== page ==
We the Women: Career Firsts of Nineteenth-Century America

Synopsis

Victoria Woodhull is remembered as the first woman to run for the presidency of the United States- in 1872- and as an advocate of a single standard of morality for both sexes. We the Women describes a side of Woodhull less well known: the first woman stockbroker in America, she was successful on Wall Street while lambasting in her journal the railroads, insurance companies, and other special-interest groups.

Stern offers biographical sketches of Belva Ann Lockwood, who fought for the right to practice law before the Supreme Court; Isabel C. Barrows, the first woman stenographer in the State Department; Rebecca Pennell Dean, criticized for not "knowing her place" when she joined a college faculty; Ellen H. Richards, the first university-trained chemist and a relentless worker for public health; Lucy Hobbs Taylor, who led women into the field of dentistry; Sarah G. Bagley, the first woman telegrapher; Rebecca Lukens, a premier captain of industry whose vision helped shape America's iron age; Mary Ann Lee, the ballerina who introduced Americans to revolutionary dances from abroad; Ann S. Stephen, the author of the first Beadle Dime Novel; Candace Wheeler, who brought women into the profession of home interior decoration; and Harriet Irwin, Louise Bethune, and Sophia G. Hayden, who paved the way for women to become professional architects.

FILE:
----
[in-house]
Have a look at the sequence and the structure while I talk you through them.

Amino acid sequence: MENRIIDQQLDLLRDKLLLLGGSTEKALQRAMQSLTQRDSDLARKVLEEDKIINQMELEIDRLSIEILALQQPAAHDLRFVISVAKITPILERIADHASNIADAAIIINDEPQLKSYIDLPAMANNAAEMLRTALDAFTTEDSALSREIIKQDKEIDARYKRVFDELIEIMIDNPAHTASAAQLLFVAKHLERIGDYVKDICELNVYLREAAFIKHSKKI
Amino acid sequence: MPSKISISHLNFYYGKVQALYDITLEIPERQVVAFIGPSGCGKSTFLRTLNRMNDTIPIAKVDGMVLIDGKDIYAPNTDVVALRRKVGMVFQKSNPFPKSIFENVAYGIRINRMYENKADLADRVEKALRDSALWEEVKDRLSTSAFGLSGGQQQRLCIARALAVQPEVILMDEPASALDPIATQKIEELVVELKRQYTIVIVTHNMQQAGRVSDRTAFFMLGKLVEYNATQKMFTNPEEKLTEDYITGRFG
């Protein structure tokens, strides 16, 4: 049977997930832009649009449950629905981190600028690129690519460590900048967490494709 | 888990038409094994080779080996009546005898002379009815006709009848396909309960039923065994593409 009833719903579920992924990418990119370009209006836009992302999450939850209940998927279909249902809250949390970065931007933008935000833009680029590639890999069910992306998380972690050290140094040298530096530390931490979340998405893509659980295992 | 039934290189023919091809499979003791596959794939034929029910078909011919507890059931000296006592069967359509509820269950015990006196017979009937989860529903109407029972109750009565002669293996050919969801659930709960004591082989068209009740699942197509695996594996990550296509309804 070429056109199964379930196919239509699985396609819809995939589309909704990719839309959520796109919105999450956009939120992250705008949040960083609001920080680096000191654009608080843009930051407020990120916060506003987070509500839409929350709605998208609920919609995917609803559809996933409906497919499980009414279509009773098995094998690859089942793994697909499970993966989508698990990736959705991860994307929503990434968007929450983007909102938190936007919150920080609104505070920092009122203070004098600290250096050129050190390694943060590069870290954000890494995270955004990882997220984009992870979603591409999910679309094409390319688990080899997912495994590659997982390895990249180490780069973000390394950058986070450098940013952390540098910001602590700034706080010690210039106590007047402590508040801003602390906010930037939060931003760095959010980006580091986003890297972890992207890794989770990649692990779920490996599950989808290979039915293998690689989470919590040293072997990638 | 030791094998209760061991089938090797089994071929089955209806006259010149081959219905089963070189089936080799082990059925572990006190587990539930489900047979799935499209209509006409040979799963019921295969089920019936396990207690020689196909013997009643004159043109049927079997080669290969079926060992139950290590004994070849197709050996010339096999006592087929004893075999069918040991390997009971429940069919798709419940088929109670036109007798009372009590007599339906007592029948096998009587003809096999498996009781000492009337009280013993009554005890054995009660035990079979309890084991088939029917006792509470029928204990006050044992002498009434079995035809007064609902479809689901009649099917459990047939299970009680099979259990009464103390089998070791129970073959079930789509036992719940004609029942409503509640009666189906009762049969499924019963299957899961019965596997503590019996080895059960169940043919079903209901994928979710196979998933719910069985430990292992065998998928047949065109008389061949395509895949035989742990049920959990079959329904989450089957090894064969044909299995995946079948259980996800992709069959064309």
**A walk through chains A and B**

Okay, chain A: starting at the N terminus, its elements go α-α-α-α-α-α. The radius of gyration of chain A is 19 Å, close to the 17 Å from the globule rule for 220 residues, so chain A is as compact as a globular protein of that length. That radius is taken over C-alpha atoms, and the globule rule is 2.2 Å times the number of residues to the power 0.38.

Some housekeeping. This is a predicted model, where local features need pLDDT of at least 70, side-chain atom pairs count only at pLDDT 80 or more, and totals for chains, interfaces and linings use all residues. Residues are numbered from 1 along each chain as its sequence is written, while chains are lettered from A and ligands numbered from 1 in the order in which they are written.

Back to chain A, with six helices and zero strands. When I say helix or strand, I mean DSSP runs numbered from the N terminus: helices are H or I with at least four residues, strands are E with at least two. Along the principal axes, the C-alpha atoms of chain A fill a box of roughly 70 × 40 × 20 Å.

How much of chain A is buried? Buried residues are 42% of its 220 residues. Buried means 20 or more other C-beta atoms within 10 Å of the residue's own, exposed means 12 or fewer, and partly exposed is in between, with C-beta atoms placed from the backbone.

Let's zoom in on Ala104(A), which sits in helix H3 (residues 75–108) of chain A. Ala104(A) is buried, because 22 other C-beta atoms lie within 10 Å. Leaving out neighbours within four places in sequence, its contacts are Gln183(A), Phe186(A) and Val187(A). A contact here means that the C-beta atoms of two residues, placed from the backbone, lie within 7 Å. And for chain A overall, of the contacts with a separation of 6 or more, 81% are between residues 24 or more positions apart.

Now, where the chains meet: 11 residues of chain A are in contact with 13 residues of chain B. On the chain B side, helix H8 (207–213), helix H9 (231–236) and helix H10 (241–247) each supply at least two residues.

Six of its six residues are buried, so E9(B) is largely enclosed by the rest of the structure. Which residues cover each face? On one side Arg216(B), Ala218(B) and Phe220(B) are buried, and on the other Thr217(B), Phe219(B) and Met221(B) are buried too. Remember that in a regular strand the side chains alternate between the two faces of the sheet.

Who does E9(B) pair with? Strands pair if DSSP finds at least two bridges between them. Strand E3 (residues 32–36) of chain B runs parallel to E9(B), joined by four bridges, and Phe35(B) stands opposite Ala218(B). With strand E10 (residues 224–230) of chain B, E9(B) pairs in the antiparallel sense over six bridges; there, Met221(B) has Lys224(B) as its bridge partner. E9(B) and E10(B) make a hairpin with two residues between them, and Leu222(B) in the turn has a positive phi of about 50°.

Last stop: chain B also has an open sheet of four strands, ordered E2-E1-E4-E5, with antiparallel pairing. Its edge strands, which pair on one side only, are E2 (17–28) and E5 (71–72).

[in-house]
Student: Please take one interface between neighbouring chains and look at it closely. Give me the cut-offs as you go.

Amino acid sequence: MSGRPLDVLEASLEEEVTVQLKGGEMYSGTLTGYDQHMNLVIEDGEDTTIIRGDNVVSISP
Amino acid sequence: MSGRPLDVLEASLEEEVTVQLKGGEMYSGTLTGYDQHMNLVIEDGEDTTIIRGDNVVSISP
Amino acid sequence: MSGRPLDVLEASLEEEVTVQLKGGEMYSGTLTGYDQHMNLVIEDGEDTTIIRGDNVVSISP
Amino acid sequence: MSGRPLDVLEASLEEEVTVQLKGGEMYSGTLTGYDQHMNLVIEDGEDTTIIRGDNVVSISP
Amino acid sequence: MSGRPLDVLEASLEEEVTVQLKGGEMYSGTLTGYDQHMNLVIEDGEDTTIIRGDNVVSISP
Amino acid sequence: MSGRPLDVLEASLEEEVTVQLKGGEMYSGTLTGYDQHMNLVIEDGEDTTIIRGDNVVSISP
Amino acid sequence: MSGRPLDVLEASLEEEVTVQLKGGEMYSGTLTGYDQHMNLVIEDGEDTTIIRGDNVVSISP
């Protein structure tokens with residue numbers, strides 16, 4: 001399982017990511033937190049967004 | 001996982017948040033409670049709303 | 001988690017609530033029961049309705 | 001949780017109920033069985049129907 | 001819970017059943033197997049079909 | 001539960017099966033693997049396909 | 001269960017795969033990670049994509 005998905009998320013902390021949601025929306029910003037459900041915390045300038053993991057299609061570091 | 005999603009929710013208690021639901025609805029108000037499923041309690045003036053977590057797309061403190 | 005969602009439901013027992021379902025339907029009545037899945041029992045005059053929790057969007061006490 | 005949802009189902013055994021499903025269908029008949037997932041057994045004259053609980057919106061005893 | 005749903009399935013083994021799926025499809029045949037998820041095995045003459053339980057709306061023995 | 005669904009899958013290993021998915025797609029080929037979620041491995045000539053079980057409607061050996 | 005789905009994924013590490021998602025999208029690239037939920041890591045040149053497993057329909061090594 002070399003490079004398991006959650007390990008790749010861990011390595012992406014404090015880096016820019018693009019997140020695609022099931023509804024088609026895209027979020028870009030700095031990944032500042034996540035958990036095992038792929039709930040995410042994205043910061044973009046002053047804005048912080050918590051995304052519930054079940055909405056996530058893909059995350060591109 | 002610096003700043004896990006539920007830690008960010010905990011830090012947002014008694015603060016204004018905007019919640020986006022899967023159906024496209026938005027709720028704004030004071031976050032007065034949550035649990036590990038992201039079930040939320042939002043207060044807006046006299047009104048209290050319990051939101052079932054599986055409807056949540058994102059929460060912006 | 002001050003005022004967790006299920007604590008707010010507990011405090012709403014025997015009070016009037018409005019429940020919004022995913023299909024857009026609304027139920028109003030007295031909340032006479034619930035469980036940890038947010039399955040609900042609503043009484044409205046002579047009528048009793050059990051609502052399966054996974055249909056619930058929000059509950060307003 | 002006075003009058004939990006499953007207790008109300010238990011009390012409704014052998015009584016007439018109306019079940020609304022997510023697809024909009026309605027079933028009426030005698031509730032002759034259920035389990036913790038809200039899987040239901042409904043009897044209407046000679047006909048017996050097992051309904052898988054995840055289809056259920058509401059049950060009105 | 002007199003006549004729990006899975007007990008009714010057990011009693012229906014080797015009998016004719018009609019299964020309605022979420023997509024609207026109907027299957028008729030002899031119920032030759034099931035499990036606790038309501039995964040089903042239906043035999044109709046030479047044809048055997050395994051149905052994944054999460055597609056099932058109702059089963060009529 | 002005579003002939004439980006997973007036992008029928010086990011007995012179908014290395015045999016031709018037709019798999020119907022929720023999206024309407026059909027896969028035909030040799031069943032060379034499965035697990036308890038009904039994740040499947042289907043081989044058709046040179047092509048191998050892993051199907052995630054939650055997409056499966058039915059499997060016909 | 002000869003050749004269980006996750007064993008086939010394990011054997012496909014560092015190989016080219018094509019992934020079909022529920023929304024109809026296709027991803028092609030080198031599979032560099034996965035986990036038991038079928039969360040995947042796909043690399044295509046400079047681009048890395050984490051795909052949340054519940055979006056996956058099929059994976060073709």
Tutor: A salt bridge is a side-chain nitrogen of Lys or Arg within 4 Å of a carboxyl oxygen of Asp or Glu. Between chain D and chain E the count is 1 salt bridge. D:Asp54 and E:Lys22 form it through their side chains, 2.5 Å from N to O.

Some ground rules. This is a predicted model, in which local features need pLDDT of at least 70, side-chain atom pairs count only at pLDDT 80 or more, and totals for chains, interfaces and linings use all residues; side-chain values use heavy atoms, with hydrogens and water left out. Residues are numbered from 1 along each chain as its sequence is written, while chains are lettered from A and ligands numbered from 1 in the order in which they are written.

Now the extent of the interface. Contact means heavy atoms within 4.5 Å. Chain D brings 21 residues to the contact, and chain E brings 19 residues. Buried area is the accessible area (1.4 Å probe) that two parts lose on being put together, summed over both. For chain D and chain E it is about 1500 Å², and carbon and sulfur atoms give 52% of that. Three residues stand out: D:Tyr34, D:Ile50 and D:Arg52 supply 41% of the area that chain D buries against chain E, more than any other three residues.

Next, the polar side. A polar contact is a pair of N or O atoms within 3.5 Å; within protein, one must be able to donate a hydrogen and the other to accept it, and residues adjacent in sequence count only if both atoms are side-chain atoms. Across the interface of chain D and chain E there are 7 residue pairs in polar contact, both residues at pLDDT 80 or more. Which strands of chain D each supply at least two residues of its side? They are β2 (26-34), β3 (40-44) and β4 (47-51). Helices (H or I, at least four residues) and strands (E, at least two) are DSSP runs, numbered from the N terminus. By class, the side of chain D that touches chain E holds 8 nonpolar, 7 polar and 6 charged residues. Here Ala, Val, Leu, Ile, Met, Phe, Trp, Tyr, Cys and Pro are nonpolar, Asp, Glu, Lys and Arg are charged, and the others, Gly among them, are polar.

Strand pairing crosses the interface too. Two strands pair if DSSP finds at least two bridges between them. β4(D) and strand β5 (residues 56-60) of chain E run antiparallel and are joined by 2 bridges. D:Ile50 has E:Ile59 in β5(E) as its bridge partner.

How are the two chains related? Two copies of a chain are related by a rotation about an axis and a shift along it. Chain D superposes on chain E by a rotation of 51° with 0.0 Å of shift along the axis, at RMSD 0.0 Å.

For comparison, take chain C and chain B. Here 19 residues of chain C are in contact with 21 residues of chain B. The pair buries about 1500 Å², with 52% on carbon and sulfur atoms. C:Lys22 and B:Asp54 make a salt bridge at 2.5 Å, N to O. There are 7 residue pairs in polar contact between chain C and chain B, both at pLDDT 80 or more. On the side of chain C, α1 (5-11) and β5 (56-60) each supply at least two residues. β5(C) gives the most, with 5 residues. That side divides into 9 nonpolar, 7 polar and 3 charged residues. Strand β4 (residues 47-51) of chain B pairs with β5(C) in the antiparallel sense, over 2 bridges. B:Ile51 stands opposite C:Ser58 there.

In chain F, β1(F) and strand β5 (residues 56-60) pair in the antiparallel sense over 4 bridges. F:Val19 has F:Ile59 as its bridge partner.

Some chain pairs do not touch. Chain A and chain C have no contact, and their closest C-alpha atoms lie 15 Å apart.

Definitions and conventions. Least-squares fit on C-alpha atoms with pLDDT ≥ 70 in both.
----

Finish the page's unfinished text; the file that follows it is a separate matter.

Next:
These nineteenth-century American women were the first to succeed in professions previously open only to men. Madeleine B. Stern has restored them richly to life in We the Women. The determination and intelligence of these women won for women a place in the arts, science and technology, education and the law, and business and industry. Among Stern's other books are Louisa May Alcott and The Life of Margaret Fuller.

Additional information

Contributors:
Publisher: Place of publication:
  • Lincoln, NE
Publication year:
  • 1994